This is an important distinction:
Mother-blame is avoiding responsibility while healing the Mother Wound is a form of taking personal responsibility.
Mother-blame is characterized by:
- Complacency and a sense of victimhood.
- A way of hiding from our own power.
- Projecting unprocessed anger and avoiding underlying grief.
Healing the Mother Wound is characterized by:
- Examining the mother-daughter relationship with the intention to gain clarity and insight in order to create positive change in our lives.
- Transforming limiting beliefs we’ve inherited with the intention of adopting new beliefs that fully support our self-actualization.
- Taking responsibility for our own paths by becoming conscious of previously unconscious patterns and making new choices that reflect our true desires.
How do patriarchal cultures put daughters in a double bind?
Simply put, if a daughter internalizes her mother’s unconscious beliefs (which is some subtle form of “I’m not good enough”) then she has her mother’s approval but has in some way betrayed herself and her potential.
However, if she doesn’t internalize her mother’s unconscious beliefs as her own limitations but rather affirms her own power and potential, she is aware that her mother may unconsciously see this as a personal rejection.
The daughter doesn’t want to risk losing her mother’s love and approval, so internalizing these limiting, unconscious beliefs is a form of loyalty and emotional survival for the daughter. It may feel dangerous for her to actualize her full potential because it may mean risking some form of rejection by her mother. This is because the daughter may unconsciously sense that her full empowerment may trigger the mother’s sadness or rage at having had to give up parts of herself in her own life. Her compassion for her mother, a desire to please her, and a fear of conflict may cause her to convince herself that it’s safer to shrink and remain small.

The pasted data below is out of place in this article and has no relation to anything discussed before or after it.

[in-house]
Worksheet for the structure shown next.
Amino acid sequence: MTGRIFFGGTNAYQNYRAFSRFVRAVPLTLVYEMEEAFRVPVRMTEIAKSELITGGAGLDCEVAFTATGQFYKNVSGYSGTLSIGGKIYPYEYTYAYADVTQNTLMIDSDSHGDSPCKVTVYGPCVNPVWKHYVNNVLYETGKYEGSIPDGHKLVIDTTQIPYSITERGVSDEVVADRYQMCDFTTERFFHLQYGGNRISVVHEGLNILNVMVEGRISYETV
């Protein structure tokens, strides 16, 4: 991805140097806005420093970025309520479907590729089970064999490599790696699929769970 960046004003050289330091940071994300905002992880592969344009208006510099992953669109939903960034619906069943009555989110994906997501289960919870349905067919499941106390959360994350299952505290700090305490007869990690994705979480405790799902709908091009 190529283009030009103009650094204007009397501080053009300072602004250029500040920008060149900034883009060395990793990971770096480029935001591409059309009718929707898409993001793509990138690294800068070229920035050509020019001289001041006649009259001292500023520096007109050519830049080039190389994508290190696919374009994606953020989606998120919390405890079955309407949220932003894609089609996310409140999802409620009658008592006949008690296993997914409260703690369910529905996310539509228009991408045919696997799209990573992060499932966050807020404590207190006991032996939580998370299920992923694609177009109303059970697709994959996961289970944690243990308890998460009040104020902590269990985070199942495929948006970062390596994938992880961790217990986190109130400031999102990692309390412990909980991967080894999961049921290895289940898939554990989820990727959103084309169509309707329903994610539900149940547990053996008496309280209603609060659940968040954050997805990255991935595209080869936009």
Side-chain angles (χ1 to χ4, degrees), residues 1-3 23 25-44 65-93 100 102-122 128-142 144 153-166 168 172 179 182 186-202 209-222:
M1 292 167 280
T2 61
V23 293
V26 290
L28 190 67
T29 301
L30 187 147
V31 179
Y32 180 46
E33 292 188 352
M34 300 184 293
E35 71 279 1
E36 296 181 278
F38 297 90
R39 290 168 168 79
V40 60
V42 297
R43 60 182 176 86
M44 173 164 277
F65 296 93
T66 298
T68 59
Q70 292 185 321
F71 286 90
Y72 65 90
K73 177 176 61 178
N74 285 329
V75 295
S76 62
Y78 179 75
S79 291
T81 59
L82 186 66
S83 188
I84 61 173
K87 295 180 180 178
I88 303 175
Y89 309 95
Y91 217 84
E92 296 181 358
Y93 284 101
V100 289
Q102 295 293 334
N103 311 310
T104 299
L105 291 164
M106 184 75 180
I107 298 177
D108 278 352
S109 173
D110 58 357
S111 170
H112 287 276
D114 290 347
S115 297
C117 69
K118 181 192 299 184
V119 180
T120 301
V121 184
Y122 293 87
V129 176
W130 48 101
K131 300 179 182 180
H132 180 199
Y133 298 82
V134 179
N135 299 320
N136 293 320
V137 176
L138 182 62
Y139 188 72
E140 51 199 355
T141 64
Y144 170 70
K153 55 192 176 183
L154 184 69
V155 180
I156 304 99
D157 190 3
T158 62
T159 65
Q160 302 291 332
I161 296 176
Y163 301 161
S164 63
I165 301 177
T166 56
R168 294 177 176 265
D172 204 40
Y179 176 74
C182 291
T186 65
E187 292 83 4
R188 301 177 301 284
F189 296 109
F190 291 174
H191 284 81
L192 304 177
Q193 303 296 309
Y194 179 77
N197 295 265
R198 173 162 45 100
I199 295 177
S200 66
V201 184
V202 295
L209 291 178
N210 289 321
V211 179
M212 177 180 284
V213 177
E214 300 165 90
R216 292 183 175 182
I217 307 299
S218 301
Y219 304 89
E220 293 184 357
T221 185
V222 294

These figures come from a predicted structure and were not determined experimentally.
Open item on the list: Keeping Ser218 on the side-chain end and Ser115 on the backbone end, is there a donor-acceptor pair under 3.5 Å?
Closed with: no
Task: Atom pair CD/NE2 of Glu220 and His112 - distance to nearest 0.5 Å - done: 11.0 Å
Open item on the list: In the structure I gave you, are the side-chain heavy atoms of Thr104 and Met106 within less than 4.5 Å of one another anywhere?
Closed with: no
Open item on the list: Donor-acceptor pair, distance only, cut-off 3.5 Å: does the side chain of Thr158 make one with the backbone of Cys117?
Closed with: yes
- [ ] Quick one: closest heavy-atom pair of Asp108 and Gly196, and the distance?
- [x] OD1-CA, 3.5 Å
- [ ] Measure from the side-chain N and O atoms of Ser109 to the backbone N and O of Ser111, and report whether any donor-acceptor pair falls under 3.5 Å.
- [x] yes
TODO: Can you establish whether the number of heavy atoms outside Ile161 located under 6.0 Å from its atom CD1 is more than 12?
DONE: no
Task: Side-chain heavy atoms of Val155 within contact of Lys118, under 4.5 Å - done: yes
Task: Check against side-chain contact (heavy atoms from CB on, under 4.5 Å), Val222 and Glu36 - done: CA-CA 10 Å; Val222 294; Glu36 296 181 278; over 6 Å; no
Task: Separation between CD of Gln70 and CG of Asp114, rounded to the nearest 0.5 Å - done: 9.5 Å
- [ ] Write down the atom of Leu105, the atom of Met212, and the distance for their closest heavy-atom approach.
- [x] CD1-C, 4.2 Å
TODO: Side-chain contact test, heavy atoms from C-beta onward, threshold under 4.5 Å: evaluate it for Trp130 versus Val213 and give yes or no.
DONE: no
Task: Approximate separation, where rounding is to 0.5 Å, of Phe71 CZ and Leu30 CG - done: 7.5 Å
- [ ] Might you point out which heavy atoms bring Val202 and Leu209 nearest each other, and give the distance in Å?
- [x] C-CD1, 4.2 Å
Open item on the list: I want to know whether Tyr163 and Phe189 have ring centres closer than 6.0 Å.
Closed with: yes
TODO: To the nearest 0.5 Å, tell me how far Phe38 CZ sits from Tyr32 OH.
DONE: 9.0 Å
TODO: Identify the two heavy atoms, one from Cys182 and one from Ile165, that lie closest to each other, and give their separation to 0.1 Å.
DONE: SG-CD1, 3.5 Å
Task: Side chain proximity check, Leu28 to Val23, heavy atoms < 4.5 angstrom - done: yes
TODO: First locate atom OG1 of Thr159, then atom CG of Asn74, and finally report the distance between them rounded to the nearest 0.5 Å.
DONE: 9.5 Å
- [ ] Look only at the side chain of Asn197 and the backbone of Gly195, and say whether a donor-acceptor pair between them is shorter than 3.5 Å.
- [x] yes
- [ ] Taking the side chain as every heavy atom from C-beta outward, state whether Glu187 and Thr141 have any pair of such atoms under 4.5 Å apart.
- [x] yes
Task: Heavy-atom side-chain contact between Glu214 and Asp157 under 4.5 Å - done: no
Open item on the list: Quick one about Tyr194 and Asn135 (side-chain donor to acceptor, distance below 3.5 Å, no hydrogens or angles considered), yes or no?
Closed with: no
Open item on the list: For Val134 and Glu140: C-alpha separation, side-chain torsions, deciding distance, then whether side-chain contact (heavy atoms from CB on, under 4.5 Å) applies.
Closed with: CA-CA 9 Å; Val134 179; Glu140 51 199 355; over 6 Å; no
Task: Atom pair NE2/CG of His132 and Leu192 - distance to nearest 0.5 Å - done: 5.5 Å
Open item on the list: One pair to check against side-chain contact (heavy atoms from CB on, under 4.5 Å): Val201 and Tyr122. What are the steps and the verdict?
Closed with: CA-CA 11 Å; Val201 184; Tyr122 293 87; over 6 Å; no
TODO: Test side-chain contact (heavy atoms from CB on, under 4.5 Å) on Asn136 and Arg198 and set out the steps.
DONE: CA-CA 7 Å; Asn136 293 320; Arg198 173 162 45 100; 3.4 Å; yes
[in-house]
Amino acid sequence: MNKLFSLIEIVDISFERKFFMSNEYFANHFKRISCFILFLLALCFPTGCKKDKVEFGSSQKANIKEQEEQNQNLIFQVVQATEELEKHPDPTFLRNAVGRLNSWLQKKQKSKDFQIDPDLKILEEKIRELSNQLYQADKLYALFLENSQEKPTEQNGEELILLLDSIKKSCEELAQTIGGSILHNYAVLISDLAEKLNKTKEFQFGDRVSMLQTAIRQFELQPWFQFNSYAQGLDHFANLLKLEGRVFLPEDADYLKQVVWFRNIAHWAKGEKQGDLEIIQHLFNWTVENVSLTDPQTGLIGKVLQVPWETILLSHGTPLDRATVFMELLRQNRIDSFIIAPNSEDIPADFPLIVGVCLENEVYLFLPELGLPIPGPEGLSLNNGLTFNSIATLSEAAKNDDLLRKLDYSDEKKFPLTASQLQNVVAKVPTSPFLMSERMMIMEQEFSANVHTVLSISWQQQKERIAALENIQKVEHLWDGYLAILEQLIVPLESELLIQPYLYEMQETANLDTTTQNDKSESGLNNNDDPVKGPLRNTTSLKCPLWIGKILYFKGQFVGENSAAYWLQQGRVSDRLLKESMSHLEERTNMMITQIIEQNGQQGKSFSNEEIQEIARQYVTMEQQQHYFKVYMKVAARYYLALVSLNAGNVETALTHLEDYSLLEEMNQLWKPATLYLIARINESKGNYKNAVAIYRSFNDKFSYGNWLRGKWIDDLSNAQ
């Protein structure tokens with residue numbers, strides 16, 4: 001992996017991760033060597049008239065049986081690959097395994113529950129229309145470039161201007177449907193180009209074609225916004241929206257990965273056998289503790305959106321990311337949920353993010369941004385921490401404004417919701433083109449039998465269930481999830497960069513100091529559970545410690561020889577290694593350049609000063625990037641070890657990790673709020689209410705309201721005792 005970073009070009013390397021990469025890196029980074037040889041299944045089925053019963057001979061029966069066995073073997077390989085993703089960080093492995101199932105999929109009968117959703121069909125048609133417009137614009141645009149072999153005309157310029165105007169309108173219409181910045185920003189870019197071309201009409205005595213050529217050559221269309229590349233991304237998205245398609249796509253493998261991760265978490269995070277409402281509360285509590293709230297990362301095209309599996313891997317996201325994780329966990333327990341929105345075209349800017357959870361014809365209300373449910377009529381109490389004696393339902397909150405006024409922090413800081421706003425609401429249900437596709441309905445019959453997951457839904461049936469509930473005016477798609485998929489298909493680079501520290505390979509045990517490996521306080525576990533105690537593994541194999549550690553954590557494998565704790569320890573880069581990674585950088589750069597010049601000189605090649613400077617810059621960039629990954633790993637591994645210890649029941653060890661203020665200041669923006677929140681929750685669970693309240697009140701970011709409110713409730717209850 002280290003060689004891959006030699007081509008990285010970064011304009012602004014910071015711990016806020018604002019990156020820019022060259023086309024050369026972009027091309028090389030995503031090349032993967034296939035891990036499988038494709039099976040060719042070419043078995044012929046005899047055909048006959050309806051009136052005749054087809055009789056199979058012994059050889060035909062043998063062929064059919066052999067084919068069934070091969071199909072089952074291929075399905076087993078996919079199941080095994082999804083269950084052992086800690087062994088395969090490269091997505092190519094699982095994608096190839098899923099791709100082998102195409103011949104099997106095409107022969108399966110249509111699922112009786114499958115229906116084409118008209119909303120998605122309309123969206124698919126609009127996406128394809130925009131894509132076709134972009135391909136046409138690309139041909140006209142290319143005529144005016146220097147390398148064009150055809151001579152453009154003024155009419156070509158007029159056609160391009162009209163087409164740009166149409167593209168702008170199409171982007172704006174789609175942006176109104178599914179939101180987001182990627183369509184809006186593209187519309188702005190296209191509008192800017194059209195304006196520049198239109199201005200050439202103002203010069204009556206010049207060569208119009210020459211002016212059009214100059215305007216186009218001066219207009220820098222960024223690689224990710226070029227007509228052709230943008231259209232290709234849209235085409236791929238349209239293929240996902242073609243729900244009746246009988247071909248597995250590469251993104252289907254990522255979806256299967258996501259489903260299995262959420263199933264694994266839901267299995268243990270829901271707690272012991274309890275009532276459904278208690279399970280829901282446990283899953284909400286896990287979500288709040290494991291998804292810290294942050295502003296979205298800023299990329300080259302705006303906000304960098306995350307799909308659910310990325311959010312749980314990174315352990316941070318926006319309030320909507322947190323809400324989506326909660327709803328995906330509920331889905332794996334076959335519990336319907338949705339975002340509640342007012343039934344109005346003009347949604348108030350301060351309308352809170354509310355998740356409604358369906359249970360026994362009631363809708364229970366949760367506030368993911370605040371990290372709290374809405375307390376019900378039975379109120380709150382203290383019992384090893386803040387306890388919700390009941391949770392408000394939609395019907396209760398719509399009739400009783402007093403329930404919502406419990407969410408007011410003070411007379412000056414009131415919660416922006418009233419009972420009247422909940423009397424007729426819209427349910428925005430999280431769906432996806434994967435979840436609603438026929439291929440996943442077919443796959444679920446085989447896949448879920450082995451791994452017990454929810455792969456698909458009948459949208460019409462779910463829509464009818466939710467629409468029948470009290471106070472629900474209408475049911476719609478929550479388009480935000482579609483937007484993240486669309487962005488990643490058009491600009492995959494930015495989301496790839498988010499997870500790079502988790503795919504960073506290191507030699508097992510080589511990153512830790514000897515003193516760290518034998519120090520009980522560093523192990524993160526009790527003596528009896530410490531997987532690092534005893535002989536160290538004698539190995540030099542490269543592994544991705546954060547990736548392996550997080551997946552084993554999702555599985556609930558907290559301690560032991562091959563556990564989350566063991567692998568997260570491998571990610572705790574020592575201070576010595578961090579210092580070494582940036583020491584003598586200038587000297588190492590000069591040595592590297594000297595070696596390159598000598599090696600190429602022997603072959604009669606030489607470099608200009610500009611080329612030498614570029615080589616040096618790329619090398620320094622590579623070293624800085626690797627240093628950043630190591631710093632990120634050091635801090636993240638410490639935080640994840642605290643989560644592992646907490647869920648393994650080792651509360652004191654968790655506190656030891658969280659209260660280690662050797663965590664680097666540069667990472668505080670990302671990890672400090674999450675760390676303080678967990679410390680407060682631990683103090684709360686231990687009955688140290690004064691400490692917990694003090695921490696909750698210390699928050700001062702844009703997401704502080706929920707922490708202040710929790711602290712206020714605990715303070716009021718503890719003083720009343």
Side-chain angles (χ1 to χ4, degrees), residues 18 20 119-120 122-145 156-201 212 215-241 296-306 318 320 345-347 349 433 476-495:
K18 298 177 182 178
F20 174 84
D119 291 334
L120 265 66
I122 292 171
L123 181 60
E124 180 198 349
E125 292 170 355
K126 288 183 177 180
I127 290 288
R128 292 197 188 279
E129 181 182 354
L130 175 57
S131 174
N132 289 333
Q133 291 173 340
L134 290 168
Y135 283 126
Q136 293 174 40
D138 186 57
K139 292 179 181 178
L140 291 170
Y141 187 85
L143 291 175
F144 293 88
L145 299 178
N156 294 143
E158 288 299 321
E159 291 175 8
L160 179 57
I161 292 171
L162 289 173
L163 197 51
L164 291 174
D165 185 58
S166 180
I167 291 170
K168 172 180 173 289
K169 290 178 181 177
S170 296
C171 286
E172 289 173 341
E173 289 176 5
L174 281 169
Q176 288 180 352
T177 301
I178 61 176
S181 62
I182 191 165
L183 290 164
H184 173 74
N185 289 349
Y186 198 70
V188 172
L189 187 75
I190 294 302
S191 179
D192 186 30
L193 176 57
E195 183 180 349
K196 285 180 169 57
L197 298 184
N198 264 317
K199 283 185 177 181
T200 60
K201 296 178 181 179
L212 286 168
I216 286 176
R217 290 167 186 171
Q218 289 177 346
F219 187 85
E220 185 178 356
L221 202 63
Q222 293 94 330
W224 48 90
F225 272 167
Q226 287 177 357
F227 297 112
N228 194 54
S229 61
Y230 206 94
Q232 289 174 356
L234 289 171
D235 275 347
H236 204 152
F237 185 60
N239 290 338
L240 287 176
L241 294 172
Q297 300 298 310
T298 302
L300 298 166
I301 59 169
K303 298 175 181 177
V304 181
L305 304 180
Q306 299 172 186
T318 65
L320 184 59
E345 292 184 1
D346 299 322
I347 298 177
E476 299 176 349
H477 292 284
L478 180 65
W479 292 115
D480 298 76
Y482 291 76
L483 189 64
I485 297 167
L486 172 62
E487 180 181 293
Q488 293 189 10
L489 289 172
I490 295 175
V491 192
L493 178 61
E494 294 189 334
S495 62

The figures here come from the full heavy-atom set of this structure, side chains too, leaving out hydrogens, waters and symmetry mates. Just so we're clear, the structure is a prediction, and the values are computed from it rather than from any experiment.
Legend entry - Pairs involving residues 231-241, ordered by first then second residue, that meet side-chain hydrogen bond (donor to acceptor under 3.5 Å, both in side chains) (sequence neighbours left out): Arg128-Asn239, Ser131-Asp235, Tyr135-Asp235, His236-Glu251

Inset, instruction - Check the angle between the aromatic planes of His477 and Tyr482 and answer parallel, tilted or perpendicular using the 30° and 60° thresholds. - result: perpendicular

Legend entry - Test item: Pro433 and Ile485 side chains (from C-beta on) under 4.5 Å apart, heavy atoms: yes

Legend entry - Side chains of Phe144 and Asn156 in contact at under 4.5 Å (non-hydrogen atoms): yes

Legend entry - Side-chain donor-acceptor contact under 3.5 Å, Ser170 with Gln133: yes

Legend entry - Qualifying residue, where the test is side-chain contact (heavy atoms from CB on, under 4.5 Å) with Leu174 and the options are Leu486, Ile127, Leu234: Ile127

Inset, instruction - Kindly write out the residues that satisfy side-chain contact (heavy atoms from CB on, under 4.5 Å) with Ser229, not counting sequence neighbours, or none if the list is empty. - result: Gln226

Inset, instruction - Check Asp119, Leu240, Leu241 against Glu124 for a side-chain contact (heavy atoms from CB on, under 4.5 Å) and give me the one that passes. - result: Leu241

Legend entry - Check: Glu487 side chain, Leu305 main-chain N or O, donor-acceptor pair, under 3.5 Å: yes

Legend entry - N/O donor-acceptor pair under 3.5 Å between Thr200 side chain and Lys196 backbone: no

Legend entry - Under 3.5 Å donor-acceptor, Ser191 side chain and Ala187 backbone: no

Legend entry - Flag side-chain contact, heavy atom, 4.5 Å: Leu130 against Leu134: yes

Hence, for daughters growing up in patriarchal cultures, there is a sense of having to choose between being empowered and being loved.
In short, the Mother Wound exists because there is not a safe place for mothers to process their pain about the sacrifices that society has demanded of them. And because daughters still unconsciously fear rejection for choosing not to make those same sacrifices as previous generations.
What are the costs of avoiding the Mother Wound?
The cost of avoiding the Mother Wound is monumental. It ensures that the disowned pain of the Mother Wound will continue to get passed down to future generations.
The cost to our personal lives means living our lives indefinitely with:
- A vague, persistent sense that “There’s something wrong with me.”
- Never actualizing our potential out of fear of failure or disapproval.
- Having weak boundaries and an unclear sense of self.
- Not feeling worthy or capable of creating what we truly desire.
- Arranging our lives around “not rocking the boat.”
- Self-sabotage when we get close to a breakthrough.
- Unconsciously waiting for your mother’s permission or approval before claiming our own lives.
- Not feeling safe enough to take up space and voice our truth.
The cost to society and the world is:
That generations of women keep themselves small so as not to offend, are compelled to blame themselves, and bypass the chance to fulfill their potential. Thus, the genius, power, love, and gifts of countless women are lost to the world.
The cost to the earth is best summed up by the following quote:
“The pollution of the planet is only an outward reflection of an inner psychic pollution: millions of unconscious individuals not taking responsibility for their inner space.”